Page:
Canada Sees Shift In Attitudes Towards Immigrants
Published: Monday 16 March 2015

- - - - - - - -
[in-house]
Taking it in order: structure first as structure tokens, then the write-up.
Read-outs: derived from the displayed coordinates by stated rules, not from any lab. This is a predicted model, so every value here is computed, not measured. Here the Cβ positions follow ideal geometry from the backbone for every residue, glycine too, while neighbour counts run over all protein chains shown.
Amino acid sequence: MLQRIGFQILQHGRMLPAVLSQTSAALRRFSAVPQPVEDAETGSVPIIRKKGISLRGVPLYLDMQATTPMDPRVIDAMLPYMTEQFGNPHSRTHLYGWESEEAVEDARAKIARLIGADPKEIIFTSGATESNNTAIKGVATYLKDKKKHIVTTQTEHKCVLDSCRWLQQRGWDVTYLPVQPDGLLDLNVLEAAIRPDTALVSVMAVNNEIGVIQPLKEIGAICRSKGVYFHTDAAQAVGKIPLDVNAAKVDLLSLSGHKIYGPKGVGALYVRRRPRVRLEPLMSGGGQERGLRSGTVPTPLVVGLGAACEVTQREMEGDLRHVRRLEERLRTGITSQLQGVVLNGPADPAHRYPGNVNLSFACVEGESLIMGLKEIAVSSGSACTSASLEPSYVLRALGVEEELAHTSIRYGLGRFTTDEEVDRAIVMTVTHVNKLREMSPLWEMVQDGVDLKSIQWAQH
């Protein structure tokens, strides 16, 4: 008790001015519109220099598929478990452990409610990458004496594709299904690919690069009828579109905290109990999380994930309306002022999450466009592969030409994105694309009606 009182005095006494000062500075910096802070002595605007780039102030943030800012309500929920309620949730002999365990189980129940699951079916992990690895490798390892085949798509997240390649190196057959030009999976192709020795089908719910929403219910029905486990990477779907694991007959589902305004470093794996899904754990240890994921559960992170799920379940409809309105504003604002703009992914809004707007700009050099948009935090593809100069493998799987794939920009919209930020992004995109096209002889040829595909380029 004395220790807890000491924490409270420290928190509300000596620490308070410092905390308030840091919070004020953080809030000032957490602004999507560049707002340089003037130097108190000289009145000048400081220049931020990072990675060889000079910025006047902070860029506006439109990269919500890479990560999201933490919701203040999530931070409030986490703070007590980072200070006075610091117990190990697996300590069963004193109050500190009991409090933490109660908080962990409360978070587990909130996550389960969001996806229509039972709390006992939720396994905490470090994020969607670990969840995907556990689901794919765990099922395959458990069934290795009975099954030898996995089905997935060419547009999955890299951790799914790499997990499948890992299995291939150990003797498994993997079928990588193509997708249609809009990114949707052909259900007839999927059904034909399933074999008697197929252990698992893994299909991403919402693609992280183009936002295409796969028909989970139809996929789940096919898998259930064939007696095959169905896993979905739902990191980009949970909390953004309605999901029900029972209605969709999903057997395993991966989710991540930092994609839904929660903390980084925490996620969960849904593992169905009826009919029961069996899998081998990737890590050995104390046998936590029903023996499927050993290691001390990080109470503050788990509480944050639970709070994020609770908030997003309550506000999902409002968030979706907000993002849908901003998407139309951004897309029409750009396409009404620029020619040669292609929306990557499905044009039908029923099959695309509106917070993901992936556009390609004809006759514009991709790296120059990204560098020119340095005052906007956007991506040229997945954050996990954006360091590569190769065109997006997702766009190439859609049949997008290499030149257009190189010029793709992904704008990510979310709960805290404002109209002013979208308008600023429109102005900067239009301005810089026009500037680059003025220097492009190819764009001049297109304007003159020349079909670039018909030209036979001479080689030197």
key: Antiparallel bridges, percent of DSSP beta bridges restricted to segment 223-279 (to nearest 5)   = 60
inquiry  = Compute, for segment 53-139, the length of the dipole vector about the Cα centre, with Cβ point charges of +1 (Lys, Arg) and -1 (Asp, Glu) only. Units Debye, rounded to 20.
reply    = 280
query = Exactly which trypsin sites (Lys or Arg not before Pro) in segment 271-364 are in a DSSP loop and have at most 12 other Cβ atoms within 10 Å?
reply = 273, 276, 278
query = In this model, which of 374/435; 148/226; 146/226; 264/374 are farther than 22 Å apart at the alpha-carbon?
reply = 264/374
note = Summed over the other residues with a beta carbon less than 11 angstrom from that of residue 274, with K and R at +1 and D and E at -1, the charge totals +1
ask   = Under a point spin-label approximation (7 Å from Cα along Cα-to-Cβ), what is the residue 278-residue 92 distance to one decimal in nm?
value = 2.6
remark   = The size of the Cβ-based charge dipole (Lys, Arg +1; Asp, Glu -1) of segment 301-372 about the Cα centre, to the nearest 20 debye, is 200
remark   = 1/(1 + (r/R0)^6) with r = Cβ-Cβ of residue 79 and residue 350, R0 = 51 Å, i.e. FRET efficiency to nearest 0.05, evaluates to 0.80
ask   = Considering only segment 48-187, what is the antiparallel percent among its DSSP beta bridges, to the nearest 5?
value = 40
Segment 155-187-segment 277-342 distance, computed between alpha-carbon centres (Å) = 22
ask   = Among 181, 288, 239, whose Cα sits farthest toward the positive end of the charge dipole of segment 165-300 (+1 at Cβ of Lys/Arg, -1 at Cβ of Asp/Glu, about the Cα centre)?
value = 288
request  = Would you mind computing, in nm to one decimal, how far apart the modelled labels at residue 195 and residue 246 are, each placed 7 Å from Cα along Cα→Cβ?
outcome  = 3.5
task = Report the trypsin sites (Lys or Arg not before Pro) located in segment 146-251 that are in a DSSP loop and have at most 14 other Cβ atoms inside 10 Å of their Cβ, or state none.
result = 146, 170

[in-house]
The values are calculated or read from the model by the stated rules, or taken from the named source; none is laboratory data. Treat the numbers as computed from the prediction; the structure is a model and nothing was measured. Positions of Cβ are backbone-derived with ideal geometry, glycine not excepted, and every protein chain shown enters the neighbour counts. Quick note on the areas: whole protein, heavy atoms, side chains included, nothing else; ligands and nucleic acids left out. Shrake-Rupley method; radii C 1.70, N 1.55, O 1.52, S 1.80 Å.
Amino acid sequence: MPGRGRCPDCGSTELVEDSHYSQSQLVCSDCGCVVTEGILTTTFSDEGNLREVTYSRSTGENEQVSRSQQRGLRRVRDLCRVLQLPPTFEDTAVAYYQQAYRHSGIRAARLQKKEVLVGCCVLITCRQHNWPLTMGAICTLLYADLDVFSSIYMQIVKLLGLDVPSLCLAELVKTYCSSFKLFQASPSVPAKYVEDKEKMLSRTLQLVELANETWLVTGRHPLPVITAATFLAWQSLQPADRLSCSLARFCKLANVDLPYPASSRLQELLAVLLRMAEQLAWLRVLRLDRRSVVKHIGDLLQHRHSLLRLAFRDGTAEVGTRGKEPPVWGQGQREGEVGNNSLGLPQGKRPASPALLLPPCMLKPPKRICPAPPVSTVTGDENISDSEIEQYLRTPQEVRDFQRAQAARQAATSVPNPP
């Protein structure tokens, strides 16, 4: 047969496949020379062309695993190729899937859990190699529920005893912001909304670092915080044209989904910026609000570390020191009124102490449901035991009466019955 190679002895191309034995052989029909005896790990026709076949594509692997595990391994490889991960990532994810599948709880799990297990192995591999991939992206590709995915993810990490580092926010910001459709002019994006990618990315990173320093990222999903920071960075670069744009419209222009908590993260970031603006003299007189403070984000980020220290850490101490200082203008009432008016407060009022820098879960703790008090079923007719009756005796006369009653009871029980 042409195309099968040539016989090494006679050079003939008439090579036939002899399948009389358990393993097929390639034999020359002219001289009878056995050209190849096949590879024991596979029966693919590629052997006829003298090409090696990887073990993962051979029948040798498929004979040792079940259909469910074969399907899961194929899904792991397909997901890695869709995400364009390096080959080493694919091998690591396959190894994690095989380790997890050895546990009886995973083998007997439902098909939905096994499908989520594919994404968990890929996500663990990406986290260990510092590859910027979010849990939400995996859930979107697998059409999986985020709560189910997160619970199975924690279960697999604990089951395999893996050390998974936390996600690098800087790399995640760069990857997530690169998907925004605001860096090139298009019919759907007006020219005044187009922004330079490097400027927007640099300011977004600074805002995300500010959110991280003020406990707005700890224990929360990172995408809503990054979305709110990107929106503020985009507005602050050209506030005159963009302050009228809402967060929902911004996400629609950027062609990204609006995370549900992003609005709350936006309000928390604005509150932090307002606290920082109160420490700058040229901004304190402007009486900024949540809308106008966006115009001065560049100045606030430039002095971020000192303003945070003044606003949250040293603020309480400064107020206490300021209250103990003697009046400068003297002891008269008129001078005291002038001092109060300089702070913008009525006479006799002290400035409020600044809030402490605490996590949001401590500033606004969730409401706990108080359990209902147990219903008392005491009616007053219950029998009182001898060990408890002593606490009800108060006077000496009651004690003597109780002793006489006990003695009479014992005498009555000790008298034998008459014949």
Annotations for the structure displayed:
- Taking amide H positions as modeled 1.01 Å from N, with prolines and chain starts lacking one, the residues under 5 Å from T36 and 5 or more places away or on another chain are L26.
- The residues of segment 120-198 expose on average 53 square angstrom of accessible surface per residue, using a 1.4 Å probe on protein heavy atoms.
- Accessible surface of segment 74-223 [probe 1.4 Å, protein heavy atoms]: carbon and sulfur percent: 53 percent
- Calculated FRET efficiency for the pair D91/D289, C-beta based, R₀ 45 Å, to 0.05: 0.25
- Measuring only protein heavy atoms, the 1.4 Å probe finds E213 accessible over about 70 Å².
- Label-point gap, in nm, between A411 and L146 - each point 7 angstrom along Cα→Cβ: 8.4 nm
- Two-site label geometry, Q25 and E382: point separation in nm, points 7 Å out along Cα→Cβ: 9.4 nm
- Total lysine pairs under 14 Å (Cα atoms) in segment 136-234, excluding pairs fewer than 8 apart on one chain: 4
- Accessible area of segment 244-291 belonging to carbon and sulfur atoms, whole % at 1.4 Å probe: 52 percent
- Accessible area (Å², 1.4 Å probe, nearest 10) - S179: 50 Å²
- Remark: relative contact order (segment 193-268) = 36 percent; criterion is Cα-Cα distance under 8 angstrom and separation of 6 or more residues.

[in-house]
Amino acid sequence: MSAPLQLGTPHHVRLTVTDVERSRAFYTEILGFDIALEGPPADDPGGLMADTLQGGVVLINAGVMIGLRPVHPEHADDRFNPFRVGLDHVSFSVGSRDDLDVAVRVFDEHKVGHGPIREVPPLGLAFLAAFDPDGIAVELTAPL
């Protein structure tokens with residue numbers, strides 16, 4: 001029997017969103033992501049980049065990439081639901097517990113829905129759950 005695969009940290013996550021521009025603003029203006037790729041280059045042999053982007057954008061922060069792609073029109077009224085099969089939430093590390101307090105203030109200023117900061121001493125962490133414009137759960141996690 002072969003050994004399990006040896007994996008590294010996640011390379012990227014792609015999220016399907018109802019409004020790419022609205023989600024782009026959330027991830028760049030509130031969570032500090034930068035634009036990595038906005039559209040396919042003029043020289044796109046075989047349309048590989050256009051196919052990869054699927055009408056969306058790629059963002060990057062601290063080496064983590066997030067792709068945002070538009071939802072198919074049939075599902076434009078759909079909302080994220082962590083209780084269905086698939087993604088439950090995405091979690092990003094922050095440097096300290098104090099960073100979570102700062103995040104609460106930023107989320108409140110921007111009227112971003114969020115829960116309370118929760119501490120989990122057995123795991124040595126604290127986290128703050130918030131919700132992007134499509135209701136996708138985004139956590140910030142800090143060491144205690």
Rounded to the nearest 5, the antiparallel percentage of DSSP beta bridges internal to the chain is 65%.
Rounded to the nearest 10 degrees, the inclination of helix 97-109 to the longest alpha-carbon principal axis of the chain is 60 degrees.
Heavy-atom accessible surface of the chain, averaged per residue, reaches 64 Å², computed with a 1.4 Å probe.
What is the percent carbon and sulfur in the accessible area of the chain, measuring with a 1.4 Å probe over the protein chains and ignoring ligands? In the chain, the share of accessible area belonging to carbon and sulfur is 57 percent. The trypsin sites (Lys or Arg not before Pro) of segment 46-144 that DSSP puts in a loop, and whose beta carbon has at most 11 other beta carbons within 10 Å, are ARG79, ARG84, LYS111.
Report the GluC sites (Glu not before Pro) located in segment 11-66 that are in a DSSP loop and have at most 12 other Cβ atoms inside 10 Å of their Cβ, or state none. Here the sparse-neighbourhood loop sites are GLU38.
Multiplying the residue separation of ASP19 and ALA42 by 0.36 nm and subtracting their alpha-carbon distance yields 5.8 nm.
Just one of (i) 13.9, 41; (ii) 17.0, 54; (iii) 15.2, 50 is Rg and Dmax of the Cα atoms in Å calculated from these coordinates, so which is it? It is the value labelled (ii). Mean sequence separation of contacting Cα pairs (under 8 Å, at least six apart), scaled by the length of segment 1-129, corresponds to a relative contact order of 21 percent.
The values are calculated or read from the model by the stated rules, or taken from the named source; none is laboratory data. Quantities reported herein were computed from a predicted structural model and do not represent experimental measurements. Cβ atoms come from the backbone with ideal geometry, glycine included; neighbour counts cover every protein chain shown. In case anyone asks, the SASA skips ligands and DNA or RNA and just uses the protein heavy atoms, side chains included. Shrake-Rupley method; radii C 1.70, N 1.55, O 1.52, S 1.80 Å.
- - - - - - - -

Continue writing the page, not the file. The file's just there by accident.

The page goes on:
Canadian attitudes towards new immigrants have changed significantly over the past ten years, with the country’s residents, on the whole, less welcoming towards newcomers than they once were. A national survey, carried out by EKOS, found that 46 per cent of the almost 3,000 Canadians polled believed that too many immigrants are now entering the country — up from 25 per cent in 2005. What’s more, 41 per cent said too many of the country’s new immigrants are ‘visible minorities’ — up from only 18 per cent in 2005. Of those who said there are too many visible minorities, most had a high school education (48 per cent), were aged between 50 and 64 (51 per cent) and had parents who were born in Canada (48 per cent). Meanwhile, 31 per cent of respondents with a university education, 40 per cent of those 35 and under and 31 per cent of those not born in Canada said there are too many visible minorities in Canada. Broken down by the three main Canadian political parties, 51 per cent of Conservatives, 35 per cent of NDP and 32 per cent of Liberals said there are too many visible minorities. When asked if Canada has too many immigrants, 56 per cent of Conservative respondents said yes, compared to 41 per cent of Liberals and 38 per cent of NDP.